Tuesday, 21 May 2019

AI Visual Processing


An observation about visual processing. dancing ballerina / spinning dancer optical illusion made easy.

A personal anecdote.

One evening, I remember walking up St. Martin's Lane on my way home from work. I had a moment where my brain failed to understand what I was looking at. I saw a person with no face. The eyes nose and mouth were missing, the face was blank flesh. It was just for a moment, then the eyes, nose and mouth appeared.

I suspect this illusion happened due to tiredness and the level of light.

Wednesday, 1 May 2019

Holographic Quantum Gravity



Holographic Quantum Gravity is one of those outré ideas that's rather intriguing, but whether or not it's true is another matter. However, I liked it enough to use the idea to underpin the workings of the pillars in my Gate Walker series. You can read more about it here.

Currently I'm taking an online writing course as a way to refresh my creative voice, which has been bashed around a bit by health issues.

Catch you all on the bounce.

Wednesday, 24 April 2019

Ytterbium Con Report

A very sunny and warm Easter weekend.
Well I'm home after a weekend at the 70th British National EasterCon: Ytterbium. We had a good time and went and saw a bunch of panels that, all bar one, were entertaining.

Briefly met John Scalzi who turned out to be more human than his online persona, and had a whole bunch of interesting conversations with people, though I singularly failed to meet up with long time friend Geoff Ryman to talk about my novels that he so kindly expressed an interest in hearing about.

GoH: DC, Frances Hardinge, and John Scalzi (Sydney Padua not present) being introduce by the Con chair and moderator.
The opening ceremony kicked off the convention, though we felt that Friday's programme was a bit thin on alternative choices, the rest of the weekend had plenty of things to choose from.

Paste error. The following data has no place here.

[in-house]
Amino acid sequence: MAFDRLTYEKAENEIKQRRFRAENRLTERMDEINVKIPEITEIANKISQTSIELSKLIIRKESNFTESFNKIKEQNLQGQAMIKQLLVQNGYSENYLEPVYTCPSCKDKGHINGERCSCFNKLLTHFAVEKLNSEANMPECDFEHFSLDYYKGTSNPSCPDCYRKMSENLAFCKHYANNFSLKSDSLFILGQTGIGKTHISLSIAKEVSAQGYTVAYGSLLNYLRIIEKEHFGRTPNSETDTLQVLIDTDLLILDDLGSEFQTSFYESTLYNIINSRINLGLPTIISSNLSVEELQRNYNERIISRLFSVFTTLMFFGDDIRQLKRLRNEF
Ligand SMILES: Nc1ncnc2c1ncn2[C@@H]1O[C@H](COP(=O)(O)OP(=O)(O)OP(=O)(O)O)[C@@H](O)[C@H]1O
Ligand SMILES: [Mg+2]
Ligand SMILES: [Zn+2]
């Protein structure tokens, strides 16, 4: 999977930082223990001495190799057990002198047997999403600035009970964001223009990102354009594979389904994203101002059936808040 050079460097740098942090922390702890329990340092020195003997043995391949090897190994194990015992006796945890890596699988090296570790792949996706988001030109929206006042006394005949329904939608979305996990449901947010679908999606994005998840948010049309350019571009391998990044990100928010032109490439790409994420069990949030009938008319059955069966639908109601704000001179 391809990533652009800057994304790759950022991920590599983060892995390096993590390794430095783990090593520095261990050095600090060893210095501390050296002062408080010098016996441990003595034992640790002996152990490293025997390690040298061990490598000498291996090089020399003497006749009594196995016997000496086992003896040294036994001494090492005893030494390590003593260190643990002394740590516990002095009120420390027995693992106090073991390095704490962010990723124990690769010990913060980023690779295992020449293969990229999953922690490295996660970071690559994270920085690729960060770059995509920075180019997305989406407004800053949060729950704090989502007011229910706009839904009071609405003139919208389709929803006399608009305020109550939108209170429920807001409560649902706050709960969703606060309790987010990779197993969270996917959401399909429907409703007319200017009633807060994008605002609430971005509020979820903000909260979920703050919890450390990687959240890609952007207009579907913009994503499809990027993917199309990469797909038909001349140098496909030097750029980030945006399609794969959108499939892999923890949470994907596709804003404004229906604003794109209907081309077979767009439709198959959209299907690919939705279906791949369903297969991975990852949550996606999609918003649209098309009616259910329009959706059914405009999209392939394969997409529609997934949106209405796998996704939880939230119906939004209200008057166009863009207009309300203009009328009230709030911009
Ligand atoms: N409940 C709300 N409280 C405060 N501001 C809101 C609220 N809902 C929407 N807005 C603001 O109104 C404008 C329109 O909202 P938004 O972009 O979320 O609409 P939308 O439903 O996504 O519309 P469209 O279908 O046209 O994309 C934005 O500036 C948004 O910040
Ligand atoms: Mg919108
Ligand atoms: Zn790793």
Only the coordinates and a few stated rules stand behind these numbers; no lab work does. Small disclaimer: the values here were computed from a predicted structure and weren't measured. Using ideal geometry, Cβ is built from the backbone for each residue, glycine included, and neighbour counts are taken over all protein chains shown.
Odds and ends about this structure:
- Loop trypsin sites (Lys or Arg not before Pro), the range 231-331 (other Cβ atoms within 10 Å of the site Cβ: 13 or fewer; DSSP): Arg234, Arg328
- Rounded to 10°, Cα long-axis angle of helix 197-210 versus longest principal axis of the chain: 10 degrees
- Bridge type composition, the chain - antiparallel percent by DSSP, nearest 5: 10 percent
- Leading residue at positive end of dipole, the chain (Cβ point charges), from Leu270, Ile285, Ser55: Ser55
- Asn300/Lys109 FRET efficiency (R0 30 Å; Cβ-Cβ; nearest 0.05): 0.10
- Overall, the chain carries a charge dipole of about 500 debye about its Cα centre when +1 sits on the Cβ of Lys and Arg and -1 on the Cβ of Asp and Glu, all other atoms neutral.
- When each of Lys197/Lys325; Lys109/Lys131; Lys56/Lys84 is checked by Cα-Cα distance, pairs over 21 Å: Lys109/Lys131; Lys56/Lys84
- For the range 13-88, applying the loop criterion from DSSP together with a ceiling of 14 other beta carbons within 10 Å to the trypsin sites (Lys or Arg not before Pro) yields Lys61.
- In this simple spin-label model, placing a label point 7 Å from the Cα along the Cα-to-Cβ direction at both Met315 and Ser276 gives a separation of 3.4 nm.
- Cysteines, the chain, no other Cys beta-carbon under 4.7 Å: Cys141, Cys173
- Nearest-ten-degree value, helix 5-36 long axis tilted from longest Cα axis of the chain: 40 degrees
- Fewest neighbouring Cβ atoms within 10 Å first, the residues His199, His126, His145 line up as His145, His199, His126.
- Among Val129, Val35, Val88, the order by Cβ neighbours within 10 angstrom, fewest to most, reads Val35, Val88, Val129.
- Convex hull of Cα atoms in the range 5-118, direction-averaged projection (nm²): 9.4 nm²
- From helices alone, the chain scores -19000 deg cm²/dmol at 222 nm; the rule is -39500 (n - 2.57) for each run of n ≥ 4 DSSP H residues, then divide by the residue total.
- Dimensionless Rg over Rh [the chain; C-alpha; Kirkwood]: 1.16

Made some new friends too. Shout out to Daniel M. Benson, Emil Minchov, and Kimberley Moravec who we went to dinner with.

Daniel Benson, myself, Karen Furlong (moderator), and Aya Eloise (Gareth L. Powell unable to attend).
The first panel I was on was the Mental Health: Fiction vs. Reality, which seemed to go down well.

We discussed various misconceptions in the portrayal of mental health in fiction and film. In short, multiple personality disorder is bogus, Freud was a "bad dad" who left a lot to be desired when he founded psychotherapy, and very few films and or books are an authentic portrayal of mental health.

Virginia Preston (moderator), Dr. Bob, and myself.
The second panel I was on Military SF: Good, Bad, and Ugly.

By this point of the con I was totally brain dead (I hadn't slept well the night before as I was mulling over how to address the negative assumptions of the panel blurb). However, I was able to steer the topic away from the underlying assumptions by presenting a quote from a friend:
"Look, there's a question as to whether these wars (or some other set of wars) are justifiable or not, and almost regardless of the answer, isn't SF one of the best means of exploring the question and having the debate?"
And on that note, we had a fruitful discussion of Mil-SF. We discussed what made the genre good, what might be bad, and the occasional ugly parts. I emphasized that a lot of Mil-SF is mildly military, and about the only misstep was our failure to talk more about space battles, as both myself and Dr. Bob are aficionados of "boots on the ground" stories.

This panel was very much a dead dog item, being at the very end of the weekend. But despite that the room was pretty full, which actually made a pleasant change from when it was totally packed to the gunnels, which tested the air conditioning to its limits.

 So, after it finished we made our weary way home.